And then he says “Truly the light is sweet, and a pleasant thing it is for the eyes to behold the sun:  but if a man live many years, and rejoice in them all; yet let him remember the days of darkness; for they shall be many.  All that cometh is vanity.” (verses 7-8) after these few days I’m looking forward to more of these, they say it’s supposed to be sunny Thursday, Friday and Saturday, I’m looking forward to that [as I transcribe this, it’s been one of the coldest, rainiest springs in New England since 1912, I’m really looking forward to more warm, sunny days].  Waking up in the morning at my age and seeing the light is a nice thing, just one more day, it’s always a good thing, I enjoy the sun, I enjoy God’s blessing, he says it’s a good thing, sunlight is good light.  “but if a man live many years, and rejoice in them all; yet let him remember the days of darkness; for they shall be many.  All that cometh is vanity.” “many” or “abundant,” the idea is “unending.”  Now by the way, he’s writing here, challenging those who have their own ideas, because in the end of chapter 12 he’s going to sum up everything, he’s going to say ‘the conclusion of all this, is man is made for God’s purposes, that we should obey him.’  Here he’s saying, ‘Just remember, light is day by day, things are great, you wake up, you take each day for granted, things seem great, and that’s fine, rejoice in all the years of your life, but remember there are days of darkness,’ now not for us, ‘O death where is thy sting, O grave where is thy victory?’ Paul tells us in 1st Corinthians 15:55, so we’re not looking, foreboding the days of endless darkness which are ahead of those who don’t come to Christ, being cast into outer darkness, he says ‘remember the days of darkness, they will be abundant.  All that cometh is vanity, it’s all emptiness,’ if there’s no picture in relationship with Jesus in measuring these things.  So a bit of cynicism here as he says this.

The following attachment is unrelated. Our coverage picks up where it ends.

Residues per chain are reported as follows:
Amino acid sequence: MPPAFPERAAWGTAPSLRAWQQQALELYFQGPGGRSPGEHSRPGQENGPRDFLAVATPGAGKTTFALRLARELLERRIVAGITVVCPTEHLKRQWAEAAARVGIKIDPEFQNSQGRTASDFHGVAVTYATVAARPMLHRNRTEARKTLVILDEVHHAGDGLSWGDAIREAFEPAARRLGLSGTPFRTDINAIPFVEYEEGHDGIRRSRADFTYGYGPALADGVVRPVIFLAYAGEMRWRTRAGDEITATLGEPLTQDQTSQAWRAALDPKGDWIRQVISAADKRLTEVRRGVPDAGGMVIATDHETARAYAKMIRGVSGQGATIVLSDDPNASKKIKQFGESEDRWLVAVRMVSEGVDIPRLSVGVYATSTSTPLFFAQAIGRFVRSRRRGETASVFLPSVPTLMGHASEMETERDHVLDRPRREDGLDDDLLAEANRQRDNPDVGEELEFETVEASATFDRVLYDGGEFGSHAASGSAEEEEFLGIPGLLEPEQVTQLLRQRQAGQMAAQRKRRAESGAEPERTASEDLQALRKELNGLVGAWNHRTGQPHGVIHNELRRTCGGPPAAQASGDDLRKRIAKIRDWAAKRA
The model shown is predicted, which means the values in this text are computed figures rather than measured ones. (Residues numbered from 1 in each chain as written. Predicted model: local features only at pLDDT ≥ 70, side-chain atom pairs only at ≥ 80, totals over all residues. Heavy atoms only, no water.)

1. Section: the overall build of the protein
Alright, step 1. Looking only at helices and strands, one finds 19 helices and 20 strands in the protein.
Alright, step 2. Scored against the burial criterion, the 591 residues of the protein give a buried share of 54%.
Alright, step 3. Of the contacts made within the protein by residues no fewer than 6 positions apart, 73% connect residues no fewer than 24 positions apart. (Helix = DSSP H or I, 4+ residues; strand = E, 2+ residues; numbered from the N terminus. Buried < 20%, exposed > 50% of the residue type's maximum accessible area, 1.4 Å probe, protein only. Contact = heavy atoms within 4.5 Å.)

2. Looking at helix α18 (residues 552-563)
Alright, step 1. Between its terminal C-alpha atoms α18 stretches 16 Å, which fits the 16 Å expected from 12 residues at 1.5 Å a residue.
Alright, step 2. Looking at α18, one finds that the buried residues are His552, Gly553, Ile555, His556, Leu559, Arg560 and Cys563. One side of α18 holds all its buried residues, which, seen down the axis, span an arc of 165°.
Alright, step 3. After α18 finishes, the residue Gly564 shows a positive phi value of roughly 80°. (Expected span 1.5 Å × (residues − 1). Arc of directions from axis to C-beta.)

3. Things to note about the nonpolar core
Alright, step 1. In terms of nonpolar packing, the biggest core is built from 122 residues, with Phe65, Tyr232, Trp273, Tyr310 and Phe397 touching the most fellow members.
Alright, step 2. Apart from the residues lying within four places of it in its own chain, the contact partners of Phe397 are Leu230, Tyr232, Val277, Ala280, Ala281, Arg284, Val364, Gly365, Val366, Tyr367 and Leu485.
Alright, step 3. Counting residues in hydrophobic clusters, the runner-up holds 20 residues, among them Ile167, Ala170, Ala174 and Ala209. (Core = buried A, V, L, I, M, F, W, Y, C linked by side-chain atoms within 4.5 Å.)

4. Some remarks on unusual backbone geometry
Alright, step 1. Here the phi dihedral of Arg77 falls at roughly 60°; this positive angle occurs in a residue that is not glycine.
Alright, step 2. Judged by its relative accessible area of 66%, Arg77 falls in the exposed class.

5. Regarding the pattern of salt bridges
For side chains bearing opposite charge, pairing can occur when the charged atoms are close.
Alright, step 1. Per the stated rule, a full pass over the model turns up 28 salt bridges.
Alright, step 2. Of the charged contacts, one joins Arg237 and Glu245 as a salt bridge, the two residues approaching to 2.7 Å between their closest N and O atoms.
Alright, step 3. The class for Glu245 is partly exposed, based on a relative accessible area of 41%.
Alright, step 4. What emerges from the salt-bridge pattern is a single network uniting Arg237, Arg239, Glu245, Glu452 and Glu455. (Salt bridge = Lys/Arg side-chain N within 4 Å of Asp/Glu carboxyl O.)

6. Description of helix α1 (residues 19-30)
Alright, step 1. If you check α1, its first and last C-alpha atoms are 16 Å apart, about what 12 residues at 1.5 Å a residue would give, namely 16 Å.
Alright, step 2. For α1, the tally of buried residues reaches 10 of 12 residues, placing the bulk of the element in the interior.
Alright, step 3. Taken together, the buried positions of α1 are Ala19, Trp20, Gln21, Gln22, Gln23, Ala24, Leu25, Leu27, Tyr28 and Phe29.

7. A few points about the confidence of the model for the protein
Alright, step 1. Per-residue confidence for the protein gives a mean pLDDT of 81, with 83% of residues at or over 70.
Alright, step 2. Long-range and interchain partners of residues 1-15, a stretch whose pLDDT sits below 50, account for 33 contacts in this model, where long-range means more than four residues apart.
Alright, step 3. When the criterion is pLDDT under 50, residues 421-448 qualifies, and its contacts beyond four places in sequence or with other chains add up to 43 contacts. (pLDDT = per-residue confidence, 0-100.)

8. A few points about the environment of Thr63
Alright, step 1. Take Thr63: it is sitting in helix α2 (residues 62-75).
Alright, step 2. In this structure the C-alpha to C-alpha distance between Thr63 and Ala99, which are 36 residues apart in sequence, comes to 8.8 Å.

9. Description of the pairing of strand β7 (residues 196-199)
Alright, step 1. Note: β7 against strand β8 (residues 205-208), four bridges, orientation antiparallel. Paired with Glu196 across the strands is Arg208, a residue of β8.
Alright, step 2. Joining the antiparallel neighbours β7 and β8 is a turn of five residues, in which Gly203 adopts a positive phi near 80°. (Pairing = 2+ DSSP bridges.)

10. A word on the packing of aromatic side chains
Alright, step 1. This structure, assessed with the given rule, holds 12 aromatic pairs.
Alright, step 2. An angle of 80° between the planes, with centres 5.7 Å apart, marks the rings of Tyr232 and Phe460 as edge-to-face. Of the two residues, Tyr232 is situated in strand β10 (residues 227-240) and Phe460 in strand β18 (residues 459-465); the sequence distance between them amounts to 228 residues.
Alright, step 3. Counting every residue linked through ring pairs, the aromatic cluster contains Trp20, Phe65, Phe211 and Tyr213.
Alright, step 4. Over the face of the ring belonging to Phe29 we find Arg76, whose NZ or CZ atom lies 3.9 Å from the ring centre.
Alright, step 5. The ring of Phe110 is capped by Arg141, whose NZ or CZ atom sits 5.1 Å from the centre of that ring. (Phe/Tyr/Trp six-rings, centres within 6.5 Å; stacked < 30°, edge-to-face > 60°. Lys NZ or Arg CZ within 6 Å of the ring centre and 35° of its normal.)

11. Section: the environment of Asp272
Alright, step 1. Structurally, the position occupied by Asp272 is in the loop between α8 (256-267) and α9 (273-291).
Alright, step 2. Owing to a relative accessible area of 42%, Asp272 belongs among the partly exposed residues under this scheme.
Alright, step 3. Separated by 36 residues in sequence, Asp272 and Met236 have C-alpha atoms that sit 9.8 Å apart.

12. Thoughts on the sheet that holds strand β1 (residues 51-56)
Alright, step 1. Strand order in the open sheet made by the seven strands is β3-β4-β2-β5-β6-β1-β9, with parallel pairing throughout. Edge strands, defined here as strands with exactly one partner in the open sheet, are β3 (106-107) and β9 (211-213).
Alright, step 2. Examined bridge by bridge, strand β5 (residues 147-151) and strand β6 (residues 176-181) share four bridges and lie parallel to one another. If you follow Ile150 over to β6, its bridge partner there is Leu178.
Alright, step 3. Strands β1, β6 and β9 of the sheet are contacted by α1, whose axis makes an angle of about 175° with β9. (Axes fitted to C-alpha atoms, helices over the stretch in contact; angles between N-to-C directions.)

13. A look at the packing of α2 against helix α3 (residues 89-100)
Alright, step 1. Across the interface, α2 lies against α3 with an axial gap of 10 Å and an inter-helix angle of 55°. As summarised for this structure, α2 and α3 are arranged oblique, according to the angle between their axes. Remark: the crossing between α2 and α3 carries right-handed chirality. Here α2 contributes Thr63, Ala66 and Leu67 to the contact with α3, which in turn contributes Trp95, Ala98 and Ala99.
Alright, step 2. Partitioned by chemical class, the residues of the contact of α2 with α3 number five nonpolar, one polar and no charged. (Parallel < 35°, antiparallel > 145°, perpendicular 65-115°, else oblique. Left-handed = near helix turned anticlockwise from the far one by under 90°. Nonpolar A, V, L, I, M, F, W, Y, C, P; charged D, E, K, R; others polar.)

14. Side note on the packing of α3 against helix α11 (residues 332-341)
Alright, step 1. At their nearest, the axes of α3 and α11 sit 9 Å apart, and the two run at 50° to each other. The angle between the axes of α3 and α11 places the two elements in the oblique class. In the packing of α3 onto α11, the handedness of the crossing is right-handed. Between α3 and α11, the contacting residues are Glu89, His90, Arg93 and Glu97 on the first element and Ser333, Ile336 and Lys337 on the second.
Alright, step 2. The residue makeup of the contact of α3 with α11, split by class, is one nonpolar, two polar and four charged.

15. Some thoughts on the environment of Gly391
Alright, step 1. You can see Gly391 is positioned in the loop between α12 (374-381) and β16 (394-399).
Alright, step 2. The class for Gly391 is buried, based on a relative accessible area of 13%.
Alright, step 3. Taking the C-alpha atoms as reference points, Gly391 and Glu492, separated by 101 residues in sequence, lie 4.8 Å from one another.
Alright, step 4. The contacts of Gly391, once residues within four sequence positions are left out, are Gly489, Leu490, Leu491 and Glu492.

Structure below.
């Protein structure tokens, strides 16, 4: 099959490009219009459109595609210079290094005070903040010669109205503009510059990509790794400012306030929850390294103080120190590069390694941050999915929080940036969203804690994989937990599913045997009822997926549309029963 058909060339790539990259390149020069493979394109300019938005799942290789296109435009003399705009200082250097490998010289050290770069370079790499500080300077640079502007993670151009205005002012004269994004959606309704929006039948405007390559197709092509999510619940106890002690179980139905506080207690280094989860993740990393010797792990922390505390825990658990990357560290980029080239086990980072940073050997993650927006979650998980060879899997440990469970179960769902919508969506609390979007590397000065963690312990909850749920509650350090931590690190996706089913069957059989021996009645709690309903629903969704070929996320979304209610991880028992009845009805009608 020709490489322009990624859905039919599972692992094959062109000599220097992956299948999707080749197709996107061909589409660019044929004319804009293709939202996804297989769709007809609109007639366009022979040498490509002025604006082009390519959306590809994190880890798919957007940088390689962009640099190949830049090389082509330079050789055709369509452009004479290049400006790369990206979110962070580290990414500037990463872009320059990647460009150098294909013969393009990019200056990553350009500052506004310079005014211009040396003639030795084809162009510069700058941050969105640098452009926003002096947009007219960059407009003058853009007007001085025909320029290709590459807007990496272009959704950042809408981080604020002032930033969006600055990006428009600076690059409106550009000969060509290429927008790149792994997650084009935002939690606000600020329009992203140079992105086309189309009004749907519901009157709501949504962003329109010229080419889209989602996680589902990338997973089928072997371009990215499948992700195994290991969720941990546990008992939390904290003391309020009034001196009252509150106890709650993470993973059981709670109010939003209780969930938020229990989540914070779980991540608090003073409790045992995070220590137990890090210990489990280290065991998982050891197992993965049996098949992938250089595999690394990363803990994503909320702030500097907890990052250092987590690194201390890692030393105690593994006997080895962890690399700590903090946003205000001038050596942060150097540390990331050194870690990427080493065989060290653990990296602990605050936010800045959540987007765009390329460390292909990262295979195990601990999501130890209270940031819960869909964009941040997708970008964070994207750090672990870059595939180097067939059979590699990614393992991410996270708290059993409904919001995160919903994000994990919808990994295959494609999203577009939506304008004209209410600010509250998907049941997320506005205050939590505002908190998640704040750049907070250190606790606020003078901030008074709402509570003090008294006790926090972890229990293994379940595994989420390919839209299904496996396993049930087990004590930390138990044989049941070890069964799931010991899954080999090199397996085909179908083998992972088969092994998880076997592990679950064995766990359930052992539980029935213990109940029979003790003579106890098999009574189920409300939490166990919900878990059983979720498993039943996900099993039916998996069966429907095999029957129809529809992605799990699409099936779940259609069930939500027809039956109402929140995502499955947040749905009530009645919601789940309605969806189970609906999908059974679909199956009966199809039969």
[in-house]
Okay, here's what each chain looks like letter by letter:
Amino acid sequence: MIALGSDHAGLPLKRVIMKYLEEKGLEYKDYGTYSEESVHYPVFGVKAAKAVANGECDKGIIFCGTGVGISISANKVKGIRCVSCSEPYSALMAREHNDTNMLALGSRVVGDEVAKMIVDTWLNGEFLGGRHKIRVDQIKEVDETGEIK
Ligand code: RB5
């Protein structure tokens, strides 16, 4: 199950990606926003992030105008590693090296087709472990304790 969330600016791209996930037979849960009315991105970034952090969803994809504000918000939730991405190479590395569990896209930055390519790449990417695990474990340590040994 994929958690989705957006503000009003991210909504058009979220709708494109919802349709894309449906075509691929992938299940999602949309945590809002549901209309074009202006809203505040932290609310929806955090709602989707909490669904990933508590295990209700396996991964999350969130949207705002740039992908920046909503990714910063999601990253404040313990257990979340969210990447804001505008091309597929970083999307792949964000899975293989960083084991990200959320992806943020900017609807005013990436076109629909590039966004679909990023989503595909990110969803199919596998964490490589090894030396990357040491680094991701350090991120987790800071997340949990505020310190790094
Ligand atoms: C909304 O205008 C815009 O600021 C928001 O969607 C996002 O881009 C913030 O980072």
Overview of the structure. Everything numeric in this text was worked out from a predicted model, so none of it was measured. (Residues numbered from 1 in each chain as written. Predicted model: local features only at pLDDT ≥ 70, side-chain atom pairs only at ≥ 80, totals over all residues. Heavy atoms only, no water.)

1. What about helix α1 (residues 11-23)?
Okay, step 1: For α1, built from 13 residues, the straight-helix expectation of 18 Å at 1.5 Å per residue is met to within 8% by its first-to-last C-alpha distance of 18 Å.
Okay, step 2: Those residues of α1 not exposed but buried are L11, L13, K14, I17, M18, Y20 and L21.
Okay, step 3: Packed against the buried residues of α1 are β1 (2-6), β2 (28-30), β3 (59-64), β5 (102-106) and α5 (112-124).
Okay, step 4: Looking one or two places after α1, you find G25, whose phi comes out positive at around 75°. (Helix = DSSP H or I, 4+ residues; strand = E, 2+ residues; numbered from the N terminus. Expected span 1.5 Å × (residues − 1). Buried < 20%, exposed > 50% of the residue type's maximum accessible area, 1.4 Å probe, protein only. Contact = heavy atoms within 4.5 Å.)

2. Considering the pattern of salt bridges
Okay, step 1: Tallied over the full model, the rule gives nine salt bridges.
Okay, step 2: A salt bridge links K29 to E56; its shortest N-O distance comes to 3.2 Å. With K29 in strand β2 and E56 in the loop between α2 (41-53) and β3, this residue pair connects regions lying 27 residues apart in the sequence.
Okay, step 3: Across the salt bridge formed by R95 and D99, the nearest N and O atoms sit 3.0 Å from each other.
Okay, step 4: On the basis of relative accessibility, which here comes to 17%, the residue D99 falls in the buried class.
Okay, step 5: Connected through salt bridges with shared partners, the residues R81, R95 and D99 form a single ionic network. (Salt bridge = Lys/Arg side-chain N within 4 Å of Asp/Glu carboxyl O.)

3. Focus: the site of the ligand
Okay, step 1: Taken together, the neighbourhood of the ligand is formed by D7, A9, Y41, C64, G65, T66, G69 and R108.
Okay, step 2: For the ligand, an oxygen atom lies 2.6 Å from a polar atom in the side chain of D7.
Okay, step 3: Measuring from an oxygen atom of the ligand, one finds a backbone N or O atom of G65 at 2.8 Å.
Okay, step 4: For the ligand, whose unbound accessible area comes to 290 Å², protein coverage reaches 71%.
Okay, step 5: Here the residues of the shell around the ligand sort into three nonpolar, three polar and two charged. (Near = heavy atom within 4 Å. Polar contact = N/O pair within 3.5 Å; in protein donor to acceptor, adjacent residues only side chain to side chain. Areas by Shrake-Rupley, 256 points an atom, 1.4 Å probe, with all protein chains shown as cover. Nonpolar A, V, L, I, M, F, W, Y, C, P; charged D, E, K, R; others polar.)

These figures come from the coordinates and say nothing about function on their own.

Remember O Youth, In The End There’s Accountability To God